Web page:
Acorn: The list of fillies with at least two dirt Beyers of 90 or better was a short one - Tidal Pool, Amen Hallelujah, and Champagne d'Oro. The latter wired the field at nearly 40-1, with Amen Hallelujah completing a $474 exacta.

Manhattan: Refer to James Quinn's article, "Fast finishers rule on turf," from the Jan. 8, 2006 edition of DRF Simulcast Weekly," sub-headlined: "It pays to calculate final fractions for grass runners at Gulfstream, Santa Anita."

Boy, it pays at Belmont, too!

Although Winchester ($44.80) had not approached his smashing U.S. debut to win the Grade 1 Secretariat in 2008, these were (roughly) the closing splits from his last five races -- 23.60, 23.40, 34.80 (three furlongs), 23.40, and 23.60.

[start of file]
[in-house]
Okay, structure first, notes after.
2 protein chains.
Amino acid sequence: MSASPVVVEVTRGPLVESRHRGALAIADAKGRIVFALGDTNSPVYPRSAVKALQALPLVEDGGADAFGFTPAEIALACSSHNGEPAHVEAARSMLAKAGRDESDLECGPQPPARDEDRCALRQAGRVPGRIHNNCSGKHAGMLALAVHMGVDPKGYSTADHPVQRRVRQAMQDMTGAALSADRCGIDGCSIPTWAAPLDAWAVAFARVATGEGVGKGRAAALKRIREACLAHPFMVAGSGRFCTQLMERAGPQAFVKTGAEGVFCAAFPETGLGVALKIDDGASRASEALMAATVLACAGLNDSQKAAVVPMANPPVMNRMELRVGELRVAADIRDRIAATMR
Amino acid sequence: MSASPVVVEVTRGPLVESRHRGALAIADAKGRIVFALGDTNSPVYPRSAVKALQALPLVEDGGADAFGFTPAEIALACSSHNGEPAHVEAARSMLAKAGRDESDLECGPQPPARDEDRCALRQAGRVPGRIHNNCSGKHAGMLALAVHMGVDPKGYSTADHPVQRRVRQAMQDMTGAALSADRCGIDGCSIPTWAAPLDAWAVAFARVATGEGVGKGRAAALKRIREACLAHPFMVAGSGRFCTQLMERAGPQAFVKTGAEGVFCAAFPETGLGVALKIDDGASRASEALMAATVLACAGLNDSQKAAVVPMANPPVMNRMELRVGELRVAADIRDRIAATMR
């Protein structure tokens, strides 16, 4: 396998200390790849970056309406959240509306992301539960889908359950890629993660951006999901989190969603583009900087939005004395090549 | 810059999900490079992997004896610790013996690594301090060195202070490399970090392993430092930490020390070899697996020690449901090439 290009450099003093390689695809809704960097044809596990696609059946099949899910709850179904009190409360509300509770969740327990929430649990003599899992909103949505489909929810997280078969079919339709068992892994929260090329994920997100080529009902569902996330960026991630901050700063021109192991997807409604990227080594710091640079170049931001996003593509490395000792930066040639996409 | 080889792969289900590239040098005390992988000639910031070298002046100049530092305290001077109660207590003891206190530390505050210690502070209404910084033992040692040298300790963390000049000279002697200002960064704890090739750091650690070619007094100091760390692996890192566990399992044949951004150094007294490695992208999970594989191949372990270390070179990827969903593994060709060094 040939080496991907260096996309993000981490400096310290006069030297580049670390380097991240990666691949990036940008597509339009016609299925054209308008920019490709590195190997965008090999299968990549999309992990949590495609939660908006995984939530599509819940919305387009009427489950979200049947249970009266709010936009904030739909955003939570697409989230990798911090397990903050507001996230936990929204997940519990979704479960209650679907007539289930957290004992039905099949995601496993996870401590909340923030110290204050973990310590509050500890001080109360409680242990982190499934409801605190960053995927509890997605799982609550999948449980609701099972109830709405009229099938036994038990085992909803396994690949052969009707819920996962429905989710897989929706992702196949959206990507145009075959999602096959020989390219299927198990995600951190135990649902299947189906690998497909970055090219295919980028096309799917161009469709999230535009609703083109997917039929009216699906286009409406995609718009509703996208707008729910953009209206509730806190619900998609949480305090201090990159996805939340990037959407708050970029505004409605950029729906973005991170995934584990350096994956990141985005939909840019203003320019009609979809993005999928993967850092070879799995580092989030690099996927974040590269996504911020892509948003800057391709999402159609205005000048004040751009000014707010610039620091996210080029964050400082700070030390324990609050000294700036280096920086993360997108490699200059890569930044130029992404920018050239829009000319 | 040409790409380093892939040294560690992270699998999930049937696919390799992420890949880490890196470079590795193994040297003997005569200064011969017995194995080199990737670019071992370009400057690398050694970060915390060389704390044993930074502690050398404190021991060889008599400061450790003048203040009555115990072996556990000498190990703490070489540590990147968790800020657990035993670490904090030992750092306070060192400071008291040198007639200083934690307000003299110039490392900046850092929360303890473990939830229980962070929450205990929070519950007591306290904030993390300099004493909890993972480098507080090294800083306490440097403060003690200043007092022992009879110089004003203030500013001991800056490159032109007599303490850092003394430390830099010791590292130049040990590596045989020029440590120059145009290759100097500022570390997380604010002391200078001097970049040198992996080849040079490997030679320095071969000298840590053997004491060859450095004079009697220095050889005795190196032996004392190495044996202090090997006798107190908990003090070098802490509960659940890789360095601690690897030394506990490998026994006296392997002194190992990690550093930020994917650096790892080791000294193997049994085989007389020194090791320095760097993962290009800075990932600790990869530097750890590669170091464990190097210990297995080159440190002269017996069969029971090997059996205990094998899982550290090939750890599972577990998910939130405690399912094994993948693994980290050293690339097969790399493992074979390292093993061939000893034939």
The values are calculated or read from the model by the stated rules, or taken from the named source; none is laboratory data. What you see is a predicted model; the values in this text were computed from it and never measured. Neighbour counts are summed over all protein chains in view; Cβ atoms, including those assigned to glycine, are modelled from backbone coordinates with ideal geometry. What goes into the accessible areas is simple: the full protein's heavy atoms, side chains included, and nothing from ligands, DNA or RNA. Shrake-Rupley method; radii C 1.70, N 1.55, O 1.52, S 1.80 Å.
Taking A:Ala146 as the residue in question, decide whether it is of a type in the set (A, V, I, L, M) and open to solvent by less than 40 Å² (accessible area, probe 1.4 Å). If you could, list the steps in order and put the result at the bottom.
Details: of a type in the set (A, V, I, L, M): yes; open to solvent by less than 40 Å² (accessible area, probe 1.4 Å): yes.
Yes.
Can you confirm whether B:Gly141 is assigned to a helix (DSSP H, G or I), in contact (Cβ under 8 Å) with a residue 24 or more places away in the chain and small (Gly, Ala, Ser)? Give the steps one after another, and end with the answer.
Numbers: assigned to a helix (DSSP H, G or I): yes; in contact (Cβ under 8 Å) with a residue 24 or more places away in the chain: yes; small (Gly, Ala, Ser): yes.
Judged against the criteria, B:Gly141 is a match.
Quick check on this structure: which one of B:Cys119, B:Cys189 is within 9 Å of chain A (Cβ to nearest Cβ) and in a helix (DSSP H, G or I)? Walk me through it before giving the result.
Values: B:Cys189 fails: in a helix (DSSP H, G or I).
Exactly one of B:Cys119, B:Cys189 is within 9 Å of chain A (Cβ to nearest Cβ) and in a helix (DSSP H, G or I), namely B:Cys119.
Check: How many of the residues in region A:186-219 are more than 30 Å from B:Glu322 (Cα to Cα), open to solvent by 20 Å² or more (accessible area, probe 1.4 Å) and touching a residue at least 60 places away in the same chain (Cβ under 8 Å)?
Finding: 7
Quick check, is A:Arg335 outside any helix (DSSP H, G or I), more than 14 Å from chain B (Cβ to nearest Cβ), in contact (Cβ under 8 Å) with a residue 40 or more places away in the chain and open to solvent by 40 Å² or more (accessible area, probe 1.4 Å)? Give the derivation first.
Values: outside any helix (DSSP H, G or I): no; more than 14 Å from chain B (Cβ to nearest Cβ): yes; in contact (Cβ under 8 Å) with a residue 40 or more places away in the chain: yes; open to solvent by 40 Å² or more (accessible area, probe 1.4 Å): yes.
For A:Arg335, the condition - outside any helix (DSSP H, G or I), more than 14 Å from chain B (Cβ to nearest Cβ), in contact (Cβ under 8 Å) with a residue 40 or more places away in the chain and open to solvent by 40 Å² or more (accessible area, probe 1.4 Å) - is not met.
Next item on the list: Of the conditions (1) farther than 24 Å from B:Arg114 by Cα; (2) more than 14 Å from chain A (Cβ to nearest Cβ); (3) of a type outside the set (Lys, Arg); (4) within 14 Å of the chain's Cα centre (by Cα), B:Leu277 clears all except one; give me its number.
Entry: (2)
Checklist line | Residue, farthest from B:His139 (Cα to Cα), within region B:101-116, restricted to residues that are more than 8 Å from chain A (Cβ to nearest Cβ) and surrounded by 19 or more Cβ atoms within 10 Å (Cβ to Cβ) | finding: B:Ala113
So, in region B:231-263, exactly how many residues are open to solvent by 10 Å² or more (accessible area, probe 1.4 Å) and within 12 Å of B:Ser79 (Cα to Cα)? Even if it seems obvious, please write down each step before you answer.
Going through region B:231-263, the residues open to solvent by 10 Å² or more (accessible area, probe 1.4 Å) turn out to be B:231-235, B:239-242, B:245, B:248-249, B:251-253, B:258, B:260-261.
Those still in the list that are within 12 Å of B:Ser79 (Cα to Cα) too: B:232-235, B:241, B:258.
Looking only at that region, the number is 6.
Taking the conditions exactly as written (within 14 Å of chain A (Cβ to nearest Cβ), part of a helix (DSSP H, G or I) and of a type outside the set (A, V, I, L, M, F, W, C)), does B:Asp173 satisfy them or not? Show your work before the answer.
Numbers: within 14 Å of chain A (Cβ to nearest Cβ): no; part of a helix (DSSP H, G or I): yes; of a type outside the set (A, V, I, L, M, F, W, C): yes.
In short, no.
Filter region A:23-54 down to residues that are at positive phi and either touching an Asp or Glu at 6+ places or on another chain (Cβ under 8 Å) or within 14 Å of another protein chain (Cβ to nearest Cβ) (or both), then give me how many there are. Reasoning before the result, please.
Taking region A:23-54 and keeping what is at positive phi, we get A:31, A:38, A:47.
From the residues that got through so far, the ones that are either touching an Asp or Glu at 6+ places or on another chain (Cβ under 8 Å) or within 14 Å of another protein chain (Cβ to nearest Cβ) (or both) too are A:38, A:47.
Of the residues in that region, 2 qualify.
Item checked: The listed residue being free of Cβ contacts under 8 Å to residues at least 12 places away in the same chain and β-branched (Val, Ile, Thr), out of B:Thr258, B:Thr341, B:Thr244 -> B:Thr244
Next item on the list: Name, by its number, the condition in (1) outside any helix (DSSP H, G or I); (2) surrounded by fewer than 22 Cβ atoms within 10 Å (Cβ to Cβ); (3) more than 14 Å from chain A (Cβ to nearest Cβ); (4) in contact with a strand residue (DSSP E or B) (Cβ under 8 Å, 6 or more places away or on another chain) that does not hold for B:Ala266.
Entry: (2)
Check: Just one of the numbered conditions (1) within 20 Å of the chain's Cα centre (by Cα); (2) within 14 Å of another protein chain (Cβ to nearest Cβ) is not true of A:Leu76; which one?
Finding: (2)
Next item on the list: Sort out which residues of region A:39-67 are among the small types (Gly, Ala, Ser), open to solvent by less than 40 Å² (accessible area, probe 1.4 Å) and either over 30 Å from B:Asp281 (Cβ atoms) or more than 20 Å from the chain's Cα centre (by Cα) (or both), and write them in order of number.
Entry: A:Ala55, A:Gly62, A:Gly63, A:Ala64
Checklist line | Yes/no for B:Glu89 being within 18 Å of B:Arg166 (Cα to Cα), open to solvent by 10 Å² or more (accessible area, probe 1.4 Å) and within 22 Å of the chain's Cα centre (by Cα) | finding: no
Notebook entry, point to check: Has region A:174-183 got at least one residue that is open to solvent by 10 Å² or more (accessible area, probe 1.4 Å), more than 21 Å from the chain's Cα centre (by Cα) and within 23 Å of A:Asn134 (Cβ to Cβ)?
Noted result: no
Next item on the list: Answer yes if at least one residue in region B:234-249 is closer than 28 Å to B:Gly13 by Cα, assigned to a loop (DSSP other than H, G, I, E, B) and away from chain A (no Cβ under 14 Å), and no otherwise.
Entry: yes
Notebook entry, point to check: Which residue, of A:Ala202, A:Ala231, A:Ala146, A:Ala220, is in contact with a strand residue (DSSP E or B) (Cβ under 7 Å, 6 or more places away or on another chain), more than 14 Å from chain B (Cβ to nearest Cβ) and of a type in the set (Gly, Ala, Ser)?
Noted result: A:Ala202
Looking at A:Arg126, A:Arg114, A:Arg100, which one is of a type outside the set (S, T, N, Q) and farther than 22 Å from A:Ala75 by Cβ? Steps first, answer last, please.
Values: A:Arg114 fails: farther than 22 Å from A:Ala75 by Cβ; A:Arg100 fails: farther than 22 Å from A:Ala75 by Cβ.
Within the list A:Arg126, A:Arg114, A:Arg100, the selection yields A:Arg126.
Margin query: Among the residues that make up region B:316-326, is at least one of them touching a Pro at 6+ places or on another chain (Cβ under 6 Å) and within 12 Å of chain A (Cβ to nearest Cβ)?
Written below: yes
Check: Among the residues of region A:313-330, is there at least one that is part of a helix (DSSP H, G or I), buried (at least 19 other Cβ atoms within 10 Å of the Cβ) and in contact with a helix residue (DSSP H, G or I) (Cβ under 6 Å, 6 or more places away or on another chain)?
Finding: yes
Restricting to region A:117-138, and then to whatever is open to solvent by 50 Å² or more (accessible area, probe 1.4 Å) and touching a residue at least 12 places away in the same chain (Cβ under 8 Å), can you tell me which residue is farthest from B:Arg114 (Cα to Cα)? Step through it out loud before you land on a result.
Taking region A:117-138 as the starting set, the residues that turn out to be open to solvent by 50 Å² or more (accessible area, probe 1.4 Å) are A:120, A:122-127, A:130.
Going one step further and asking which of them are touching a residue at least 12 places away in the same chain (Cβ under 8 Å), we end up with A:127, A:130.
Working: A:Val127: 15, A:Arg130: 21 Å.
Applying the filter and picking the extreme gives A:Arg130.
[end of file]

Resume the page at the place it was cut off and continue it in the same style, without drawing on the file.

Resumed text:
Every time I give short shrift to consistently strong closers like Winchester in stakes routes on turf, I wind up shooting myself in the foot.

Belmont: Dosage has its critics, but in this instance the profiles pointed out Drosselmeyer.

Quick refresher: Profiles are characterized by points in the following categories, from speediest to stoutest -- Brilliant, Intermediate, Classic, Solid, and Professional.

Drosselemeyer's profile is 7-2-10-2-1. Among the others, only Interactif (12-12-15-2-2) and Stay Put (9-6-9-2-2) had points in both the Solid and Professional categories.

Here are some other notables.

Ice Box: 7-7-11-0-0

Fly Down: 11-7-12-0-0

First Dude: 8-5-13-0-0

Game On Dude: 8-0-6-0-0

Uptowncharlybrown: 5-2-7-0-0

Stately Victor: 3-2-11-0-0